Kudzu Biofuel Potential
Posted on June 23, 2008 Comments (2)
“Kudzu is just a large amount of carbohydrate sitting below ground waiting for anyone to come along and dig it up,” Sage said. “The question is, is it worthwhile to dig it up?”
The roots were by far the largest source of carbohydrate in the plant: up to 68 percent carbohydrate by dry weight, compared to a few percent in leaves and vines.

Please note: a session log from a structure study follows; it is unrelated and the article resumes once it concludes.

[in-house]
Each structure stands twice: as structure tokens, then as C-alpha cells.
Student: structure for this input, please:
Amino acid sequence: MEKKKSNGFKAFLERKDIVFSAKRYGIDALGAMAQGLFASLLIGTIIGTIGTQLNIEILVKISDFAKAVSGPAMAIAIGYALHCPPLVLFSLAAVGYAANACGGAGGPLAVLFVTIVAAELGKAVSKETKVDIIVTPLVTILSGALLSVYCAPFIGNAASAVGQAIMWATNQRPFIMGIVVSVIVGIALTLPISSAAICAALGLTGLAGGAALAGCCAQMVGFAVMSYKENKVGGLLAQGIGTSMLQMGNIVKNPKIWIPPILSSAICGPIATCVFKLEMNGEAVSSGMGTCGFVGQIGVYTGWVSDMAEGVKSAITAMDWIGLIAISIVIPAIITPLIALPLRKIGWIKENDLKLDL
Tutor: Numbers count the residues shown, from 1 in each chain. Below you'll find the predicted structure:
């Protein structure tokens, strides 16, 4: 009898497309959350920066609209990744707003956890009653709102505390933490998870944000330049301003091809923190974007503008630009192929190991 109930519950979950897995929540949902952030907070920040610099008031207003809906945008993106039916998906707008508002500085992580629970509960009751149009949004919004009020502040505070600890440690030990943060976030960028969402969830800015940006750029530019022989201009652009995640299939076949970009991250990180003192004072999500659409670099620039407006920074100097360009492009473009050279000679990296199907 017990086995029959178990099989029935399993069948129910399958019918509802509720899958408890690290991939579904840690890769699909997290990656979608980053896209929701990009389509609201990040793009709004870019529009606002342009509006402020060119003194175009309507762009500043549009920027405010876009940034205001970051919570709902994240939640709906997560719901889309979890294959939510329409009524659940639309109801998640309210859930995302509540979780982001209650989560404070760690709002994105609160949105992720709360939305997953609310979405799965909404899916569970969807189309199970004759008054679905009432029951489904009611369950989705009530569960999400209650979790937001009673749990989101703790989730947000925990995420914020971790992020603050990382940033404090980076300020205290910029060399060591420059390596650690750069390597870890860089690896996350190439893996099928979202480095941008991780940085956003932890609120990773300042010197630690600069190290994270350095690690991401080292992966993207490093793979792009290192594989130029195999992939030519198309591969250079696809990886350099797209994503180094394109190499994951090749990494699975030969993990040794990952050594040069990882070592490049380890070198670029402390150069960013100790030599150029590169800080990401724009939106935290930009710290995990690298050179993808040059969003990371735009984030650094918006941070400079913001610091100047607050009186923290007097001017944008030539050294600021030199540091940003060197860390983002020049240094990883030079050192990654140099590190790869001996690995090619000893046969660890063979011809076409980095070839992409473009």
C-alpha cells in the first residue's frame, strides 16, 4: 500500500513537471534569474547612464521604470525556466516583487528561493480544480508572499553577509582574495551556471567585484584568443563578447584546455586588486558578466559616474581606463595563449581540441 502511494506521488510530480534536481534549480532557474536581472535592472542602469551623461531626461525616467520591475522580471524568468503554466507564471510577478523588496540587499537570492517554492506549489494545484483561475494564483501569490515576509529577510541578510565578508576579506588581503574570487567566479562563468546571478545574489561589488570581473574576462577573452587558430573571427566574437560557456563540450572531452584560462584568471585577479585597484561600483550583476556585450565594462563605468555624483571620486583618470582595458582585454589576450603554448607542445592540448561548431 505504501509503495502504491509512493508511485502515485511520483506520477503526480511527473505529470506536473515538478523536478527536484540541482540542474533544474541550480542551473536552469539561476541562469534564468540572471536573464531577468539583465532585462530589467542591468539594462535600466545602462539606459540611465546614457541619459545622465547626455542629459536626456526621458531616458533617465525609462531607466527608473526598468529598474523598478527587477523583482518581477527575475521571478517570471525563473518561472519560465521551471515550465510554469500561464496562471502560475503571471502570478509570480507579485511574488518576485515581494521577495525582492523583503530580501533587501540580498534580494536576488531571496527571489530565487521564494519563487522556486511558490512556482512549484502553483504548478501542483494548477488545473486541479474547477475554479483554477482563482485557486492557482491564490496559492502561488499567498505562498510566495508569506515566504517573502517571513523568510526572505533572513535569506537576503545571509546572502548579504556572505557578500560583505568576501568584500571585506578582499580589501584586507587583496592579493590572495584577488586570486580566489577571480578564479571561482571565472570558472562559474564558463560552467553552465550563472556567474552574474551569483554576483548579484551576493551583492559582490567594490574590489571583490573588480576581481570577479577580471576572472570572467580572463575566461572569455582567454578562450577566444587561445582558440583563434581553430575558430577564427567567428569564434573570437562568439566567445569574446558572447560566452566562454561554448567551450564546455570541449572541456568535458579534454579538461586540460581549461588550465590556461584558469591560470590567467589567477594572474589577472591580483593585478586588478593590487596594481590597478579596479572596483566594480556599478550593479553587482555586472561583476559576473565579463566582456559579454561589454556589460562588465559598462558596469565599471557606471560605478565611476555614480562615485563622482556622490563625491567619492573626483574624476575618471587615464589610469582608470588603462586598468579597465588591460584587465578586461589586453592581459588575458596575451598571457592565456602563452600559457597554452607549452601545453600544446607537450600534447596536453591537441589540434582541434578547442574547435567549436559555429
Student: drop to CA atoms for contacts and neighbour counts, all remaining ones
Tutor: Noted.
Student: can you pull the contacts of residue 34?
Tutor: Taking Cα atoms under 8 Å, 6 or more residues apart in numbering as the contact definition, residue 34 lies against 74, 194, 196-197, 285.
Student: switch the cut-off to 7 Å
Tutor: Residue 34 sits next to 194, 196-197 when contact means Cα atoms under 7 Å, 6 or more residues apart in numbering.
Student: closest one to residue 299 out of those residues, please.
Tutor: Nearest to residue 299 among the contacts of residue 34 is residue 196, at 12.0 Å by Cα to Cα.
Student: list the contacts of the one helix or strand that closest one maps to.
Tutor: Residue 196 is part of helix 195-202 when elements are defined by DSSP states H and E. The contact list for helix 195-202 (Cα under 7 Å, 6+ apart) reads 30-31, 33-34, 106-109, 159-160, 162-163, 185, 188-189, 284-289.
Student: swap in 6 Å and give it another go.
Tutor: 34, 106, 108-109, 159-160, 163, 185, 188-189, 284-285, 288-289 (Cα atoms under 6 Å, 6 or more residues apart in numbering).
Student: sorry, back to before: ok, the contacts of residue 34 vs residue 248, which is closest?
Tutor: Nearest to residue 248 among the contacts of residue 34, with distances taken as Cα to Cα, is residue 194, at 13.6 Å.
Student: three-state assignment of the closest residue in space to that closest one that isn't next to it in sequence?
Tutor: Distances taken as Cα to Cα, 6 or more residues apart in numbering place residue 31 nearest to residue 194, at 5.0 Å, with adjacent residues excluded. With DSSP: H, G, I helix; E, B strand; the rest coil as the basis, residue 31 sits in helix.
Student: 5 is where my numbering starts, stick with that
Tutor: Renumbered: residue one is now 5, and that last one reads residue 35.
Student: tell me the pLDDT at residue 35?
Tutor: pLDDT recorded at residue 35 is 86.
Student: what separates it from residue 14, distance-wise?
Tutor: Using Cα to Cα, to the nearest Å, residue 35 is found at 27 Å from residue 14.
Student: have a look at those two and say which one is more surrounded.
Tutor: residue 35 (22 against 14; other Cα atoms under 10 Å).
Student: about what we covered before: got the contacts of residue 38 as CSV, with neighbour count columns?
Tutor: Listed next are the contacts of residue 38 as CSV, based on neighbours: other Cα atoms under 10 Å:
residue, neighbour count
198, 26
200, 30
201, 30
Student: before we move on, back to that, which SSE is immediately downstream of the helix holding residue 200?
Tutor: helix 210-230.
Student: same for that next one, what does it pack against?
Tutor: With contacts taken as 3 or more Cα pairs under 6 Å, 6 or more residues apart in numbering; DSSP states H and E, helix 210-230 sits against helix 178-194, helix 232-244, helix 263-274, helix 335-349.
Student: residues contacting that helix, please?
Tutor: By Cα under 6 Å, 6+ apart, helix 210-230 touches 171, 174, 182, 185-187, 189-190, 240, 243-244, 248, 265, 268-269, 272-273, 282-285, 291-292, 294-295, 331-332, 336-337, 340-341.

The researchers estimate that kudzu could produce 2.2 to 5.3 tons of carbohydrate per acre in much of the South, or about 270 gallons per acre of ethanol, which is comparable to the yield for corn of 210 to 320 gallons per acre. They recently published their findings in Biomass and Bioenergy.
Crucial to making the plan work would be figuring out whether kudzu could be economically harvested, especially the roots, which can be thick and grow more than six feet deep. To balance this expense, Sage said, the plant requires zero planting, fertilizer or irrigation costs.